Vanilla's "Rage" was next in line and the renowned Soca queen entered the stage dressed in a skintight catsuit (literally)and proceeded to shake and tremble to the beat of the drums as she sang a song about her African roots.
Next came the long anticipated performance from Lil Red, who moved about the stage with a transferable energy singing "Hold me tight and don’t let go". He garnered a reasonable response from the crowd.
After that, the Mackenzie audience was thrilled at the appearance of the much loved Granny Ivelaw; a first-timer to the Soca stage. Doing it differently from his usual cross-dresser granny performance, Ivelaw sang "African Moods". In the lyrics of this catchy song, this contestant complained unendingly about the extent to which his "wife" was addicted to the popular moods. This song drew the crowd's attention and had them screaming in favor of both lyrics and performer.
Next came patriotic Adrian Dutchin with his song "Guyanese", and he sang of representing his country in all places at all times. He, at intervals, engaged the crowd
on who they are and if they are proud to be Guyanese and the audience sang along.
Young Bill Rogers followed with "Behind a band", and then stepping on stage was Roger Bowen, who sang "Fire truck/Water". The former appealed to the crowd somewhat, while the latter engaged crowd.
More energy was in the making and it soon had the crowd going as King Shepherd ran onstage with "Wuk up on it". The Berbician, who has been performing in other Caribbean islands, was, after his spectacular performance, lifted and carried offstage by his followers.
Bartician "Corn Daddy" was not a crowd favourite with his song titled "Soca Morning". The first-timer, whose costume entailed a sweat suit with Guyana flags and red, gold n green rags sewn on, did not win much support from the judges.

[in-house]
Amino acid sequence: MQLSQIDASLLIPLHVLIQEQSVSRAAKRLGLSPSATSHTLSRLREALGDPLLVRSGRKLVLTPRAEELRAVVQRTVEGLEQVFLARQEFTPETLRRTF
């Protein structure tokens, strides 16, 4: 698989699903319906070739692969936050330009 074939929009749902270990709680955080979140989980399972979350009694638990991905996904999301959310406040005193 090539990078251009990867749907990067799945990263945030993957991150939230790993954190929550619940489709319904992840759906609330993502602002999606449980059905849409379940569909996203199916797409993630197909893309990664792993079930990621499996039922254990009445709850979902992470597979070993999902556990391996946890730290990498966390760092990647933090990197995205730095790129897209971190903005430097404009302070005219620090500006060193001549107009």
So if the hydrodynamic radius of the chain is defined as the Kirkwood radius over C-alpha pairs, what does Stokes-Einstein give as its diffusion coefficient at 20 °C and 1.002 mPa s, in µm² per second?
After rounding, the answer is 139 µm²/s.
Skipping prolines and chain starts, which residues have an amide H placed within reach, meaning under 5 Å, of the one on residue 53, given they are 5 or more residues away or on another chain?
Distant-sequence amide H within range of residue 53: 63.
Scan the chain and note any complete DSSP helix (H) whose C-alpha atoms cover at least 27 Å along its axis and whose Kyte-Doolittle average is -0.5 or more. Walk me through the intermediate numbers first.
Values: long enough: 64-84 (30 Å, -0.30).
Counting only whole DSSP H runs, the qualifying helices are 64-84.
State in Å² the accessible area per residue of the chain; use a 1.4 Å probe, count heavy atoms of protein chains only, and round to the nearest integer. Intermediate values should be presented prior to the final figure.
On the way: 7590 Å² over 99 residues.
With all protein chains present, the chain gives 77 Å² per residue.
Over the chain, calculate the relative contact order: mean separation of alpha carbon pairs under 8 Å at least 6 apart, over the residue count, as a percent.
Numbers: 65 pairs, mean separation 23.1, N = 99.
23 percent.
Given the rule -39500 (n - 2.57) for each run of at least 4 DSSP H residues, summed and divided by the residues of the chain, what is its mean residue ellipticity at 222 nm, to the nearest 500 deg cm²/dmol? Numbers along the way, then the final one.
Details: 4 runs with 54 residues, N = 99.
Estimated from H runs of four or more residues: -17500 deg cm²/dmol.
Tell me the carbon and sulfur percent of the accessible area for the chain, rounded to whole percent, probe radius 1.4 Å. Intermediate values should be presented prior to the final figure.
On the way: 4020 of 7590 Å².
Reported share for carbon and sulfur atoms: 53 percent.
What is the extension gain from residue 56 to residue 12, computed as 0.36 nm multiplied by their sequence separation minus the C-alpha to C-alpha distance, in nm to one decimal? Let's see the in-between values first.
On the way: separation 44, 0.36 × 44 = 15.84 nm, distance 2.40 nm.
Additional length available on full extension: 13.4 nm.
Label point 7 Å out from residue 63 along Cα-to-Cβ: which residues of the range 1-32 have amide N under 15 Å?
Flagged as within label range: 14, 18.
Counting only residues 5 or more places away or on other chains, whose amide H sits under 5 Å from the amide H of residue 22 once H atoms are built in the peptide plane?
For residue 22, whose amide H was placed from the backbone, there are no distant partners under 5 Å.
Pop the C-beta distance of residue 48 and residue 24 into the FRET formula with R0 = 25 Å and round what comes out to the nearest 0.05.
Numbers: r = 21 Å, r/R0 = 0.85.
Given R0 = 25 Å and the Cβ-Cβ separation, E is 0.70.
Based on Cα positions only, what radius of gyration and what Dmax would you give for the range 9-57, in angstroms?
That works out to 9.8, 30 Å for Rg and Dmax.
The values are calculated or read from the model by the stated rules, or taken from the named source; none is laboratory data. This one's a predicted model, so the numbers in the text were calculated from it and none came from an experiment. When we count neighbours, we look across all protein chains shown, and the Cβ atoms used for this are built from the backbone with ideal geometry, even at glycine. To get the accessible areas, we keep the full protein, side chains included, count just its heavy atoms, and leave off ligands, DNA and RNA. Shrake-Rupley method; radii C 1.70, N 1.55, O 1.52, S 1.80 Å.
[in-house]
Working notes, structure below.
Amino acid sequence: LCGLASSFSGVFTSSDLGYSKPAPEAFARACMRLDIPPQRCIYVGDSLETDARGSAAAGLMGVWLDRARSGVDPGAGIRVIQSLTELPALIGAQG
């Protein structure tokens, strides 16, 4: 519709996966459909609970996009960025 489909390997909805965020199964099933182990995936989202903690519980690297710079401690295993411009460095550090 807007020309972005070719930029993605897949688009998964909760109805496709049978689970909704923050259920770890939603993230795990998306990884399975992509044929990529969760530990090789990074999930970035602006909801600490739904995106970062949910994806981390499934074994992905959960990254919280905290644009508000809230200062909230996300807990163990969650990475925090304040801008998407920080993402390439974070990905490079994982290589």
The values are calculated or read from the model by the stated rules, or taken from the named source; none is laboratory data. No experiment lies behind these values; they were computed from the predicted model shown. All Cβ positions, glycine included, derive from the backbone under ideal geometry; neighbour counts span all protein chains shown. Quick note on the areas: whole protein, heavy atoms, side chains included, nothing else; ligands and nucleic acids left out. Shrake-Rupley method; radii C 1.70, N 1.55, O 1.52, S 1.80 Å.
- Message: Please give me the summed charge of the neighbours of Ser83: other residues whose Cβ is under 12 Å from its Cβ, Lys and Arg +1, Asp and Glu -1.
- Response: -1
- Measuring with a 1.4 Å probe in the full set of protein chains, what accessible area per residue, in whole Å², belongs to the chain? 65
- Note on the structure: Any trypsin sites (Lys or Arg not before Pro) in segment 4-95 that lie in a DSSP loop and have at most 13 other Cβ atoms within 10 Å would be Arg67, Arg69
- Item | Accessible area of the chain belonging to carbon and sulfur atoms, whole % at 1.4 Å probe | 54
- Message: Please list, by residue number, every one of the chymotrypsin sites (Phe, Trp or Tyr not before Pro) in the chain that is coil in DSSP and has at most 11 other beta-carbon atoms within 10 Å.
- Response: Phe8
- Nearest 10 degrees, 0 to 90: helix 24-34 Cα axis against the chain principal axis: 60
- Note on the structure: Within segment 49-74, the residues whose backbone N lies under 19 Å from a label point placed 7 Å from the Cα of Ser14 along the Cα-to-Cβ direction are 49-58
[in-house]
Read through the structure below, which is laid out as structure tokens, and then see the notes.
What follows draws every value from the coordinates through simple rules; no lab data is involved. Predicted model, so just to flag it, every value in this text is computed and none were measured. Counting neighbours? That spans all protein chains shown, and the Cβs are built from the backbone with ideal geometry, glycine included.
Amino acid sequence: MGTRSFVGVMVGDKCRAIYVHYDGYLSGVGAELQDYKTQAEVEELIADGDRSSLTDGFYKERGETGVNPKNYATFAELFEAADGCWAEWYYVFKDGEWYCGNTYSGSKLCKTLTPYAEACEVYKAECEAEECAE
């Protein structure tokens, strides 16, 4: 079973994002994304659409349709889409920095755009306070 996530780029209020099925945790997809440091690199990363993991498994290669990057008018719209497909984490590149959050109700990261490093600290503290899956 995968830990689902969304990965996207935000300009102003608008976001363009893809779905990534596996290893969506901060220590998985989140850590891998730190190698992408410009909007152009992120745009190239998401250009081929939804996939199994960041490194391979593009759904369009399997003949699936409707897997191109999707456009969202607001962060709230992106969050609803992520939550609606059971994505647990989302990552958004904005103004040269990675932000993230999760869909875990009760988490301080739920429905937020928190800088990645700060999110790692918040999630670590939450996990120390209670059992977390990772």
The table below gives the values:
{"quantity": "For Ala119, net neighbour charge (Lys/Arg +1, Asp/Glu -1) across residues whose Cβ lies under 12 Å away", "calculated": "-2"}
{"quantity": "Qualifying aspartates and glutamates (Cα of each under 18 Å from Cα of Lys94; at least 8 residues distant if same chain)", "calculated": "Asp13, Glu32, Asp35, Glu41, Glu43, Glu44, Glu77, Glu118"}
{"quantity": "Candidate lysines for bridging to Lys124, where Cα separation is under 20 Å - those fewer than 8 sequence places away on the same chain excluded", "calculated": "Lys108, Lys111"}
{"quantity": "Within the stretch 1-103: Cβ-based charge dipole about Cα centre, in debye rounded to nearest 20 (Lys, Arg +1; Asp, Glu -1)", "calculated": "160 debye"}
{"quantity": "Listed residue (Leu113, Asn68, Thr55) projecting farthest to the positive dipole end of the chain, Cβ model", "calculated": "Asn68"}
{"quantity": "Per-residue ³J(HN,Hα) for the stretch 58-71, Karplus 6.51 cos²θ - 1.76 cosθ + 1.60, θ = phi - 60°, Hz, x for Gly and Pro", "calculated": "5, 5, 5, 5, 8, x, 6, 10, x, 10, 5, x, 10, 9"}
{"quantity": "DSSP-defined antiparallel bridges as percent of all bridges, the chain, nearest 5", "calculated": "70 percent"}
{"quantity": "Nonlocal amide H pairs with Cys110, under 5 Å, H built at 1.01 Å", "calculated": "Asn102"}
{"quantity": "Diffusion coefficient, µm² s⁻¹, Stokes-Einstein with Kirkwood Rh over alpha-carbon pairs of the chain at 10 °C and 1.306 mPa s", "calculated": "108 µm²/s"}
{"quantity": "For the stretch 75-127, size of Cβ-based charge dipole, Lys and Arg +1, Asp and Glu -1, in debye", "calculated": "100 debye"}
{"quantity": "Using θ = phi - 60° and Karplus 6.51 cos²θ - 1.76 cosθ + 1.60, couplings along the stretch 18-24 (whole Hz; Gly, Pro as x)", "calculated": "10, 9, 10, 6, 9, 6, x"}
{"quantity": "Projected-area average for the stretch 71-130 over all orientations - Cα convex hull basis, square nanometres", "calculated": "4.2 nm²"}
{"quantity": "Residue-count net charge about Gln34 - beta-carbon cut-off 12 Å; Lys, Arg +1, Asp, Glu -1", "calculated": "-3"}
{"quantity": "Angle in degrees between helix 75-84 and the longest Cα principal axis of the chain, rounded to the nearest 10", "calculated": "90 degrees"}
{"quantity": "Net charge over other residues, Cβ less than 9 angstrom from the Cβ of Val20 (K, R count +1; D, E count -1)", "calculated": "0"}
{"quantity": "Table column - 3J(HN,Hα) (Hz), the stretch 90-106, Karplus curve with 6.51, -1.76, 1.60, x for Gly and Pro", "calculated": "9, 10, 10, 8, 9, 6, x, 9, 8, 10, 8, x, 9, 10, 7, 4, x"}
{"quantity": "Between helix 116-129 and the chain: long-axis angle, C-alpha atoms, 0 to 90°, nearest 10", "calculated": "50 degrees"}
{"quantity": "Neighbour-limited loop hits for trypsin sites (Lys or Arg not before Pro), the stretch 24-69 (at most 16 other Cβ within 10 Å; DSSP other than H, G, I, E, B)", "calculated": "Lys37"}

Abigail AJ James came on next with her "Breakfast" song, which dovetailed a double meaning. Though she won much crowd appeal and was vibrant in her performance, it was apparently not enough to earn her a place among the finalists.
Agricola "The Chemist" DaSilva largely failed in his bid to engage the audience with "Mash up the place".
The long awaited Rubber Waist Primo followed with his popular "One People One Nation". As he sang, Jumo had the crowd's undivided attention, especially when he paused to engage them and to showoff his ability to dance like all six of the Guyanese races.
"On d road again" followed Jumo's performance, in the likeness of Beverly Little B Smith, who had entered the competition before back in 2010. This last competitive performance appealed to both crowd and judges and thus earned the police woman a spot among the finalists.
As the judges tallied their scores and made their final decision, the ready-to-retire crowd was entertained by GT&T's Jingle competition winner Brandon Harding.
The performances were judged by Linden Unionist Charles Samson, writer/producer Michael James, Gadwick Edwards, Wanda Richmond, Vivian Boyd of "Throw it over yuh shoulder"fame, Robert Holden, radio announcer Malcolm Fereira, and Mash Coordinator and Chief Judge Lennox Canterbury.
Lyrics, Party appeal, stage performance, The requirements for winning the judges favor comprised body language and gestures to communicate the song, crowd response, use of the stage, among others.
Due to the very late start the final results were revealed after midnight, but it was worth the wait.